The most prevalent type of detector are ground based interferometers. A traditional interferometer is a device where we shoot a laser at a half transparent mirror, which splits the laser into two beams, reflecting half the light at a 90* angle and allowing the other half to continue on a straight path. After traveling some distance those beams are then reflected off mirrors and recombined at the half transparent mirror where they travel as a single beam to an observing screen.

Traditional Michelson Interferometer

If the separated beams of light have traveled the same distance they recombine and form constructive interference and a bright spot will appear on the screen, however if they have traveled different lengths while separated they recombine and form destructive interference and a dark or dim spot will appear on the screen.

What physicists have done is take this idea of an interferometer, made the path lengths kilometers in distance and hung the mirrors so they are “free particles.” That way if a gravitational wave were to propagate over the massive interferometer we would see a specific interference pattern as the mirrors are distorted.

In the US we have LIGO (Laser Interferometer Gravitational Wave Observatory) which has built two such interferometers, one in Livingston, Louisiana and another in Hanford, Washington, each with 4 km arms!

LIGO, Livingston

There are also multiple interferometers world wide: TAMA in Japan with 300 m arms, GEO in Germany with 600 m arms, and last but not least, with 3 km arms (the closest in arm length to LIGO) VIRGO in Italy. LIGO and VIRGO are currently in the process of revamping their interferometers and creating advanced LIGO and VIRGO to gain a greater sensitivity. This effort is to be completed by 2015.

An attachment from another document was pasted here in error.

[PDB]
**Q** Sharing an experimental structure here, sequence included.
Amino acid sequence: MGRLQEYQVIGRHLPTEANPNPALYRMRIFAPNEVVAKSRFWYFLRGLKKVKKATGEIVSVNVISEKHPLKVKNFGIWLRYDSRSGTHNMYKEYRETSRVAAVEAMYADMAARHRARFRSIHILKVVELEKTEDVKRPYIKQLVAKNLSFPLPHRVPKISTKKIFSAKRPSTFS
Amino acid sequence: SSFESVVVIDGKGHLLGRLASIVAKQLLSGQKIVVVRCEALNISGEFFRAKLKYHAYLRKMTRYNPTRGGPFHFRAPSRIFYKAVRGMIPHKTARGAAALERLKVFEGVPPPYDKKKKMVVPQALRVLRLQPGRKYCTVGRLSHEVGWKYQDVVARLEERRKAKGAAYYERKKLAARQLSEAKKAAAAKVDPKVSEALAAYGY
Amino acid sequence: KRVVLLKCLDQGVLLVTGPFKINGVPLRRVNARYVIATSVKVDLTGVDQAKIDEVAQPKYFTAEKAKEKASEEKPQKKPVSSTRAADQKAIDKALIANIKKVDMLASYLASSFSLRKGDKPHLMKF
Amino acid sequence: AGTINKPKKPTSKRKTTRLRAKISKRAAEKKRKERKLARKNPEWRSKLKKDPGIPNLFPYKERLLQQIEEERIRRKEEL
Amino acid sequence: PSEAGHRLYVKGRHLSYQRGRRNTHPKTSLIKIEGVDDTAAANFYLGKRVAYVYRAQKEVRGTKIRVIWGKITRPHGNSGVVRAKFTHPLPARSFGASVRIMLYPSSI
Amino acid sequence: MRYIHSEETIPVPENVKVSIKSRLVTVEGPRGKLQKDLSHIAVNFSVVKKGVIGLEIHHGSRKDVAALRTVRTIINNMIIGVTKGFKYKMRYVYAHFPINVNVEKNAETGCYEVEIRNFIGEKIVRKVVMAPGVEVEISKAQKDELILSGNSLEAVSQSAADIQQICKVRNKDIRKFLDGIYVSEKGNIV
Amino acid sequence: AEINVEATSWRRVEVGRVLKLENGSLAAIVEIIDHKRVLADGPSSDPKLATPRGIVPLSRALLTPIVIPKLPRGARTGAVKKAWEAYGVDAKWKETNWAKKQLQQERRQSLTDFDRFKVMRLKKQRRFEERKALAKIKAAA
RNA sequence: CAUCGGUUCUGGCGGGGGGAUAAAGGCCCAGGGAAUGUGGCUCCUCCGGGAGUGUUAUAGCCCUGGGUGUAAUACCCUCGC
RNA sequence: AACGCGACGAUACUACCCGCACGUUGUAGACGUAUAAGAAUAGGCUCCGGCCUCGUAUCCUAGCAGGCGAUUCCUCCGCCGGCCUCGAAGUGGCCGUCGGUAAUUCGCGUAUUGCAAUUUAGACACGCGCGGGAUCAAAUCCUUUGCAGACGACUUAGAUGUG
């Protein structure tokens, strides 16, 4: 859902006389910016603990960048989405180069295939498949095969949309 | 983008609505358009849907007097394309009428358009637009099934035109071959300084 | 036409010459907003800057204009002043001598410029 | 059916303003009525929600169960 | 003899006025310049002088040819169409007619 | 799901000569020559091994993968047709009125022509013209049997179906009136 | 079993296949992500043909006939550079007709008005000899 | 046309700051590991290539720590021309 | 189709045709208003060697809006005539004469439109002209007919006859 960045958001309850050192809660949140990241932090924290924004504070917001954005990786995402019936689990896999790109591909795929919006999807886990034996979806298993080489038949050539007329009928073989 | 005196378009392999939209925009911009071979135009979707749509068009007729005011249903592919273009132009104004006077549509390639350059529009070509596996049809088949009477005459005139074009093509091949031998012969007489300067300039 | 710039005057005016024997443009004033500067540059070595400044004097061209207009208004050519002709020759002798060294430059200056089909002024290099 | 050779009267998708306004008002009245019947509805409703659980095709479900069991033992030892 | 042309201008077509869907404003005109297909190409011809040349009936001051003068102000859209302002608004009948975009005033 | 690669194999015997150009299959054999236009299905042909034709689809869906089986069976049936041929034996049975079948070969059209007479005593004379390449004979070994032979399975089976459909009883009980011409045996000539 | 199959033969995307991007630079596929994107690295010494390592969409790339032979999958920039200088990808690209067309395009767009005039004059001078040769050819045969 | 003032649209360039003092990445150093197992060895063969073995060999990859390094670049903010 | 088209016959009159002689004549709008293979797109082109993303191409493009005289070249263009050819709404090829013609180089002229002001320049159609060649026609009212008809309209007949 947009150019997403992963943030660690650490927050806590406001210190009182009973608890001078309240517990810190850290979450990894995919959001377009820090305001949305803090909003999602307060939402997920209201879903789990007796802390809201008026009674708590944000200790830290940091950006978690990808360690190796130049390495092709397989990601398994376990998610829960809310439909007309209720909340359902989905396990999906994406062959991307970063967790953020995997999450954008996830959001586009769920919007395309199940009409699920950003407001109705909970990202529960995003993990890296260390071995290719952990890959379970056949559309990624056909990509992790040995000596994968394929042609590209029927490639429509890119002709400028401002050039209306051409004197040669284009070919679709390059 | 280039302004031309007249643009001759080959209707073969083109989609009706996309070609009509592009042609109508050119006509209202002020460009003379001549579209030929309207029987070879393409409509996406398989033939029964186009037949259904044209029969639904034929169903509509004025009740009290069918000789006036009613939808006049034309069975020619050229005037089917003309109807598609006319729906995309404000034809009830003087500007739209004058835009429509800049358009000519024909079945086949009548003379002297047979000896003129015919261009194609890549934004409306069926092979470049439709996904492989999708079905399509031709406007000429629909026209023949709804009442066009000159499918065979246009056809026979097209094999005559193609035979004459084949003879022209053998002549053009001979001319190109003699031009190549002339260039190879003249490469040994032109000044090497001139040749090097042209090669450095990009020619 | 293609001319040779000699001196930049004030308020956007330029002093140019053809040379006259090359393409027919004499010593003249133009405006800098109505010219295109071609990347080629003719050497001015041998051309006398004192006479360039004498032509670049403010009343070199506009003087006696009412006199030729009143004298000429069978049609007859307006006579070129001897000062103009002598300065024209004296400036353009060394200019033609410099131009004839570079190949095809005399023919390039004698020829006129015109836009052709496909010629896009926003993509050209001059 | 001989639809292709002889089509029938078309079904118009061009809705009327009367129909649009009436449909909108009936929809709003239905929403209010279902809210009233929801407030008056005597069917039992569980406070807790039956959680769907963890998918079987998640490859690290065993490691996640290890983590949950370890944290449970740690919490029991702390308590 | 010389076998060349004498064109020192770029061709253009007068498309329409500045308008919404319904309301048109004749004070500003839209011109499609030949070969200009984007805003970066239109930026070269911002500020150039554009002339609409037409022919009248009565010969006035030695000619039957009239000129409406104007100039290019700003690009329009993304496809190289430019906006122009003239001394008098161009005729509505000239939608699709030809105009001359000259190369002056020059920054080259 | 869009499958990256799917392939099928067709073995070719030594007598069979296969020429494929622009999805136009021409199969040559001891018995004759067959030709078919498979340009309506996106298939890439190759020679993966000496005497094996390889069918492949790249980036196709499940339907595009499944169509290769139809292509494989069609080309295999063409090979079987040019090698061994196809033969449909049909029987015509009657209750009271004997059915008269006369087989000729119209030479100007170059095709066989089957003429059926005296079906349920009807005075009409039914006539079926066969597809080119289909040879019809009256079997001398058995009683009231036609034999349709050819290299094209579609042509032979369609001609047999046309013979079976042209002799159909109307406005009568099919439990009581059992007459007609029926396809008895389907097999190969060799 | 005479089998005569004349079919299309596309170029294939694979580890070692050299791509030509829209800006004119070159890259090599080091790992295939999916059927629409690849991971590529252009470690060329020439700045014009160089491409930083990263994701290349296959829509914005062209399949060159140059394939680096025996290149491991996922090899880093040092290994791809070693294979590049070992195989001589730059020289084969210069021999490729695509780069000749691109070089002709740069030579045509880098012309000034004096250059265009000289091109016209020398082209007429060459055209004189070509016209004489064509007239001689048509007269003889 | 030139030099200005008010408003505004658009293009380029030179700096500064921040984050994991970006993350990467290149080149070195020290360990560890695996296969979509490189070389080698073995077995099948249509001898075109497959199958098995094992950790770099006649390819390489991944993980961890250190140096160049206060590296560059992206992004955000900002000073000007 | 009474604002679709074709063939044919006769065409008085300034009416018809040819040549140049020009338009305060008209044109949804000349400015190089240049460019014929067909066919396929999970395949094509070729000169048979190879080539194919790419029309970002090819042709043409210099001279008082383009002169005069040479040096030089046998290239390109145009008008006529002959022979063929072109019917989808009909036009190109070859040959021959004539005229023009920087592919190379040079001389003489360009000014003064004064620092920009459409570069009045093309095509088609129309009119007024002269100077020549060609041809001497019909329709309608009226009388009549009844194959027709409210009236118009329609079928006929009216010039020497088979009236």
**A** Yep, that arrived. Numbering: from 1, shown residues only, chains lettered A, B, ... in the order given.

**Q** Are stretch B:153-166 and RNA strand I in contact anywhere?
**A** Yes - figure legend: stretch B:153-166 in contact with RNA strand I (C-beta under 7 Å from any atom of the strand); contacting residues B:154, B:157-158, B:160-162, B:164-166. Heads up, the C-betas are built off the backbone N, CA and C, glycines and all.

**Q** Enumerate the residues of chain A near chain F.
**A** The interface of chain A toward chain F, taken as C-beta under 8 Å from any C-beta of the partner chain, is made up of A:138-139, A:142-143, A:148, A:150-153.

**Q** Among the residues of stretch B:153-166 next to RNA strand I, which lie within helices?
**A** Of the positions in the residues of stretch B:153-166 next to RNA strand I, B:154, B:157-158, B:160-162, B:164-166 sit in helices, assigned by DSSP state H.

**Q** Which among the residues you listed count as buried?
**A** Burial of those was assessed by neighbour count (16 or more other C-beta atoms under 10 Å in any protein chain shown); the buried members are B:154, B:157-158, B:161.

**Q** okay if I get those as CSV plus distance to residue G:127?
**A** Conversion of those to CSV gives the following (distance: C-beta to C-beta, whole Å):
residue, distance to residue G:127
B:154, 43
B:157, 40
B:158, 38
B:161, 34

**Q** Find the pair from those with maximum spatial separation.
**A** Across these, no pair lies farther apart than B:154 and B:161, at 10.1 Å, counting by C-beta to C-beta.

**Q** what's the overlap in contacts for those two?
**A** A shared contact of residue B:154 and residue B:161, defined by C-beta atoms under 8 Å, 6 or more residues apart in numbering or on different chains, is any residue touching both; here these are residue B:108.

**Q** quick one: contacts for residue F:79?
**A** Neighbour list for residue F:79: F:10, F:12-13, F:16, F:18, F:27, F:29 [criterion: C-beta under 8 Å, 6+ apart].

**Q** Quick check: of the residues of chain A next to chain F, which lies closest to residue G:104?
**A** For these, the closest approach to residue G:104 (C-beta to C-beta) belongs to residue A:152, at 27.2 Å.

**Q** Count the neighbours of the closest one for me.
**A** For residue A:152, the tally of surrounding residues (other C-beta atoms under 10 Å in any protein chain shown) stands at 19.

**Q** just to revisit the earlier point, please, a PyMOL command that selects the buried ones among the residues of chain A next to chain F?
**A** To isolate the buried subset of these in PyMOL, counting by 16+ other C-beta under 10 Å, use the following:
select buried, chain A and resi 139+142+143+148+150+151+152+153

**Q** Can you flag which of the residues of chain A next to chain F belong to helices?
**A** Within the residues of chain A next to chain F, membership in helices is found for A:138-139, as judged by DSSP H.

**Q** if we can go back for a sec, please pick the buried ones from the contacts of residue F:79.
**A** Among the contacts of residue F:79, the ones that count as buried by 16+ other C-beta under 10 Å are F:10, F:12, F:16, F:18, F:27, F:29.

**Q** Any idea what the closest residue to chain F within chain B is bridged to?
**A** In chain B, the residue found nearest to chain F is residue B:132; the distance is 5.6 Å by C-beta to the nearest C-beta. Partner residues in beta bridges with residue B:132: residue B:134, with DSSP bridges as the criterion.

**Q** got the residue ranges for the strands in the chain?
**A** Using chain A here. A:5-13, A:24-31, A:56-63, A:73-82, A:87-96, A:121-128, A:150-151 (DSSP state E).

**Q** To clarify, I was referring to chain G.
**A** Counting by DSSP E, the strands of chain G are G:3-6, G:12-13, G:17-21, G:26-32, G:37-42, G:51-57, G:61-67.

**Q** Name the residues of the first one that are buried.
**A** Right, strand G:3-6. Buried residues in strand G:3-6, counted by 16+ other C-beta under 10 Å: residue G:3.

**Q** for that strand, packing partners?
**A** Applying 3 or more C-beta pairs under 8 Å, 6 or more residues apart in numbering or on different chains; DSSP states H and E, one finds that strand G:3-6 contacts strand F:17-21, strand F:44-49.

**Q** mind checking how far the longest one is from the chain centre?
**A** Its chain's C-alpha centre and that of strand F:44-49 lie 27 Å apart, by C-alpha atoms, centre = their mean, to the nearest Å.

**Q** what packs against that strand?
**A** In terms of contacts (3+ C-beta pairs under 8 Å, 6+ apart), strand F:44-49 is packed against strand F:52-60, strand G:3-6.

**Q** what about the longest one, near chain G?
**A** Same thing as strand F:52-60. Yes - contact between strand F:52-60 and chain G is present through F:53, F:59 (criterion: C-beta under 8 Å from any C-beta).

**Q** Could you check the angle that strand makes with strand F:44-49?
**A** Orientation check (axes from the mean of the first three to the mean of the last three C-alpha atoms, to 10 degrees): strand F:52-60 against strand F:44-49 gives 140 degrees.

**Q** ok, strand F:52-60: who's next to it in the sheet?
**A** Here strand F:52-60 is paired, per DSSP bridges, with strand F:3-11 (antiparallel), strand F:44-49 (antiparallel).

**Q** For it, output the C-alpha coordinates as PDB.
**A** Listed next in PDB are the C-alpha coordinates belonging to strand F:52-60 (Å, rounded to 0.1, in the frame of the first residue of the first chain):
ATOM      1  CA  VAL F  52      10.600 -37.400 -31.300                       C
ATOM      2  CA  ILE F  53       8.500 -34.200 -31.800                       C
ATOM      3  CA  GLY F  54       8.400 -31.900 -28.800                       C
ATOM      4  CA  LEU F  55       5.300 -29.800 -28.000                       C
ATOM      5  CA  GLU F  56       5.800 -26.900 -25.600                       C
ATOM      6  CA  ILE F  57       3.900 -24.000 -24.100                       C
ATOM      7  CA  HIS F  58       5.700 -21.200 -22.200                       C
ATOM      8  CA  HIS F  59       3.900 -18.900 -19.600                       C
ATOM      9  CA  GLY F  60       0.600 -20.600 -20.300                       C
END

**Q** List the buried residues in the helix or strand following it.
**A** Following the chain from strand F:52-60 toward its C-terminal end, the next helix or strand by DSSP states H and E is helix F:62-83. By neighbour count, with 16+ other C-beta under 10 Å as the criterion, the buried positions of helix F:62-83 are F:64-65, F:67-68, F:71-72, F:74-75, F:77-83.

Space Based Detectors:

There is currently an effort to send an interferometer into space. LISA the “Laser Interferometer Space Antenna” is an international corroboration planning on  building a space based interferometer with arm lenghts of 5 million km!


Unfortunately the U.S. stopped funding LISA in order to complete the James Webb Space Telescope, a very large and important project. Unfortunately it now appears as though congress is going to kill JWST as well. >:-(

Pulsar Timing:

(this is what I do!)

There is a group of physicists who are currently utilizing an array of millisecond pulsars to try to detect gravitational waves. Pulsars are spinning neutron stars that emit a beam of electromagnetic radiation. Their periods can be so well defined that the signal from a pulsar can be more accurate than an atomic clock. The idea is that if we observe these very accurate pulsars we should be able to observe a gravitational wave disturbance first as it distorts the earth and then the pulsars as a disruption in the signal responses. The pulsar people are also currently trying to improve their current sensitivity.

As I said I work with the pulsar people, though not directly in the actually detection process. I realize I’ve now written about 1,000 words about science in what’s been predominantly a food blog but really this is a huge topic and I’ve tried to stay as nontechnical and brief as I could.

Physics is fun!

~Any Questions?

Read Full Post »